Nuclear power has 'central role' in Europe's race to net zero

Thierry Breton, EU market chief, weighs in on divisive issue with Brussels set to decide whether atomic plants are green

Environmental campaigners hold a mock funeral in Brussels for the EU taxonomy, a list of climate-friendly investments that could yet include nuclear power. EPA

Nuclear power “must play a central role” in Europe’s race to carbon neutrality, a senior EU figure has said, taking France’s side of a protracted debate.

Thierry Breton, the EU’s Internal Market Commissioner, said atomic power stations had a “huge potential” to meet Europe’s clean energy needs.

The EU is expected to announce shortly whether nuclear energy will be officially badged as climate-friendly.

France is leading the push for nuclear power to be included on a menu of green investments, despite objections from campaigners and countries such as Germany, Austria and Denmark.

Although nuclear plants have a minimal carbon footprint, critics say the risk of an accident and the problems of storing radioactive waste mean they are hardly environmentally friendly.

But addressing a World Nuclear Exhibition in Paris on Tuesday, Mr Breton touted its benefits as a stable energy source that reduces Europe’s reliance on imported fuels at a time when gas prices are high.

Europe’s plan to be the world’s first climate-neutral continent by 2050 will require huge electricity supplies, making nuclear energy indispensable, he said.

“Nuclear can and must play a central role,” said Mr Breton, a former French economy minister.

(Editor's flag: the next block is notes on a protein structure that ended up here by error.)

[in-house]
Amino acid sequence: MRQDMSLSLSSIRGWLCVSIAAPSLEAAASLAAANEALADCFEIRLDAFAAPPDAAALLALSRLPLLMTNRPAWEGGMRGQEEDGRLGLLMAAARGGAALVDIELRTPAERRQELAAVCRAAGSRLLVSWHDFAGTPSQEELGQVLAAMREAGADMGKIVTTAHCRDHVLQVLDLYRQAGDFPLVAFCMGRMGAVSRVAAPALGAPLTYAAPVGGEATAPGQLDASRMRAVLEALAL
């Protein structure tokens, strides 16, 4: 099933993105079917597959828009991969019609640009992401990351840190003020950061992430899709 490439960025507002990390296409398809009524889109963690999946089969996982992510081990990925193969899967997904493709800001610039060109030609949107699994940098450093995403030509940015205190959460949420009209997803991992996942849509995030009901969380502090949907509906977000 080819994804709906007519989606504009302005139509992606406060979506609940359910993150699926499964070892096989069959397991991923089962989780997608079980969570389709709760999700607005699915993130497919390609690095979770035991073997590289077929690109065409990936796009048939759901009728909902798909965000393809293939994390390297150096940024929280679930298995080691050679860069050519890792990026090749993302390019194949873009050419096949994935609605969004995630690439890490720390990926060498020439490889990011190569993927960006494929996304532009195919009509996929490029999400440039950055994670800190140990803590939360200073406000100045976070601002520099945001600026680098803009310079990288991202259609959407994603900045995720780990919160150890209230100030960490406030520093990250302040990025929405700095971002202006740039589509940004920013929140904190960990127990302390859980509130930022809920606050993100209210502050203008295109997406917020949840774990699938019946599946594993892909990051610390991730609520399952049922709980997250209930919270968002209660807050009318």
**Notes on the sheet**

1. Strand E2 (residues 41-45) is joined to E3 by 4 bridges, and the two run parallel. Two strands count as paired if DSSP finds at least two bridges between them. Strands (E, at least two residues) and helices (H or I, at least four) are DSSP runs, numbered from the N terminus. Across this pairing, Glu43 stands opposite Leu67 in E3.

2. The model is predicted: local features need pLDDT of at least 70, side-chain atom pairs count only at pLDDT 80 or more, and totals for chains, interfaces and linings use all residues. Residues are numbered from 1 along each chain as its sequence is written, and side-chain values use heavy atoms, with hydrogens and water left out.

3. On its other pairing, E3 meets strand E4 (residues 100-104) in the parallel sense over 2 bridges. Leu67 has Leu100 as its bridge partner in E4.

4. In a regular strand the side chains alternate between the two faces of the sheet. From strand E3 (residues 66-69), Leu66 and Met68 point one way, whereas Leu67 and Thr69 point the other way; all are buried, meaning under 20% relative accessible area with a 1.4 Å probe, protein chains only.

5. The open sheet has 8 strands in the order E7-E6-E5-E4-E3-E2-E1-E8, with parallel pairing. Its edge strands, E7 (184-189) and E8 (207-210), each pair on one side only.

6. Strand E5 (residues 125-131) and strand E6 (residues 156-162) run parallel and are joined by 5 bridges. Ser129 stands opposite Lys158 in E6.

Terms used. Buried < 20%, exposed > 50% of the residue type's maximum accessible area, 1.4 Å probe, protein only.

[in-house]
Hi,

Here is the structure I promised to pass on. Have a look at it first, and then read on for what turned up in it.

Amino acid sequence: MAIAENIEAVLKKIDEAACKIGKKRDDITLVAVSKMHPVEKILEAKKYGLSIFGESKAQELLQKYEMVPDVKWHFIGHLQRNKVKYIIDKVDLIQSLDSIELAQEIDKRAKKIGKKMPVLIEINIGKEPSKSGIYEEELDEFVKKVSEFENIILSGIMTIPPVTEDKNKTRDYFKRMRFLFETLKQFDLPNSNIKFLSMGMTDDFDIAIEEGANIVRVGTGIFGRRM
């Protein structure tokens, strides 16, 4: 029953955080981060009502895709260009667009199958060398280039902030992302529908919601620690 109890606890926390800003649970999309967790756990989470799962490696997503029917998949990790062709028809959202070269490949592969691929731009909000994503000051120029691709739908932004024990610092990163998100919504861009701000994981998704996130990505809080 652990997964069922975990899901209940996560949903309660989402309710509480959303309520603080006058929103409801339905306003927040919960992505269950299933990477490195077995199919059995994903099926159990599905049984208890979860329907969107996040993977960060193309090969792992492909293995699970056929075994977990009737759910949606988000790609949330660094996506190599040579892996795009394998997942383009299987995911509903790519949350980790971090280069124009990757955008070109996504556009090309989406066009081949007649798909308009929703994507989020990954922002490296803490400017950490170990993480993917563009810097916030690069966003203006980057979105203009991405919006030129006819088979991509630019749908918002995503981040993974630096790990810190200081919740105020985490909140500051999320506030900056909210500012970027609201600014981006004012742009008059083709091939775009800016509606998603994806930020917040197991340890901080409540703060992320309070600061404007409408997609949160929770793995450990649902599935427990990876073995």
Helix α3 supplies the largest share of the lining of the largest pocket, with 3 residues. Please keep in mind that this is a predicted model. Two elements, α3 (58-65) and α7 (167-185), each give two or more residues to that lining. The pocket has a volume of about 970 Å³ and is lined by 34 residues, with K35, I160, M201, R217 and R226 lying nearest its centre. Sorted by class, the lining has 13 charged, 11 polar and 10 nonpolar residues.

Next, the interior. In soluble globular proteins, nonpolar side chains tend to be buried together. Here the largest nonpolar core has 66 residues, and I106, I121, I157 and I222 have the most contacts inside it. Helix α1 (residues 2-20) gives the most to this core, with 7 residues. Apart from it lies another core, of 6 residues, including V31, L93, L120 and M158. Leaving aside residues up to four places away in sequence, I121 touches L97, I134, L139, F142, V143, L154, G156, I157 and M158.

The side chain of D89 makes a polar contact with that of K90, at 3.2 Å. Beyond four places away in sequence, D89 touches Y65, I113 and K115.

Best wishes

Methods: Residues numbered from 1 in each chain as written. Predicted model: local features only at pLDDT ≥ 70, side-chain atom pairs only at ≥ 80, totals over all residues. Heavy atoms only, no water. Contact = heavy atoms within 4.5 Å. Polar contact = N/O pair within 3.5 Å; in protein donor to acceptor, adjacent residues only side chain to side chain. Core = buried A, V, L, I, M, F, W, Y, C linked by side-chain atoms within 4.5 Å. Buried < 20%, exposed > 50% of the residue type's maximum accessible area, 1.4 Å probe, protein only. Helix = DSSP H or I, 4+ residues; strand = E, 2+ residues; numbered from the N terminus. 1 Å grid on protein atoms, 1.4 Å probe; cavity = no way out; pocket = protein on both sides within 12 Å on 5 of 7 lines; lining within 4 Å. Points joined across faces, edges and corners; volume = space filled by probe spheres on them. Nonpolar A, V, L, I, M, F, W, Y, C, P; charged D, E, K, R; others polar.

“In such a transition to a neutral climate, we have to be able to rely on nuclear energy as a major, steady source of decarbonised energy.

“The new geopolitical, industrial reality demands two major assets from Europe: first of all, capacity; secondly, stability. These two prerequisites are what define the nuclear energy sector.”

He said there was a “huge potential in terms of nuclear energy for the production of hydrogen”, another plank of the EU’s climate plans.

Ursula von der Leyen, President of the European Commission, announced plans on Monday to make clean hydrogen cheaper than the type produced from fossil fuels.

This is an undated company photo of the Areva-constructed nuclear power plant at Civaux, France. France said it will sell more than a third of Areva SA, the world's biggest maker of nuclear reactors, raising as much as 3.5 billion euros ($4.5 billion) in an initial public offering. Source: Areva via Bloomberg News.

Green brochure

Brussels will try to steer investors towards clean energy by giving them a brochure of climate-friendly options known as the EU taxonomy.

But the list’s publication has been delayed by divisions over nuclear power and natural gas, both regarded by some countries as preferable alternatives to coal and oil.

Campaigners held a mock funeral for the taxonomy in Brussels on Monday, saying it had been undermined by politics and industry lobbying.

The think tank E3G issued a warning that the EU could “give away its climate leadership” if questionable investments appeared on the list.

Including nuclear, or gas, in the taxonomy would be “extremely difficult to reconcile” with what is meant to be science-based guidance, analysts said.

In addition, the divisions in Europe have “eroded its climate leadership on the international stage”, they said.

Germany, Austria, Denmark, Luxembourg and Portugal used this month's Cop26 summit to issue a declaration opposing nuclear power’s entry in the taxonomy.

But France has a coalition of nuclear supporters behind it including Poland, Hungary, Romania, Finland and the Czech Republic.

France obtains the majority of its electricity from its 56 nuclear power stations. Germany plans to close its last remaining plants next year.

Updated: November 30th 2021, 11:54 AM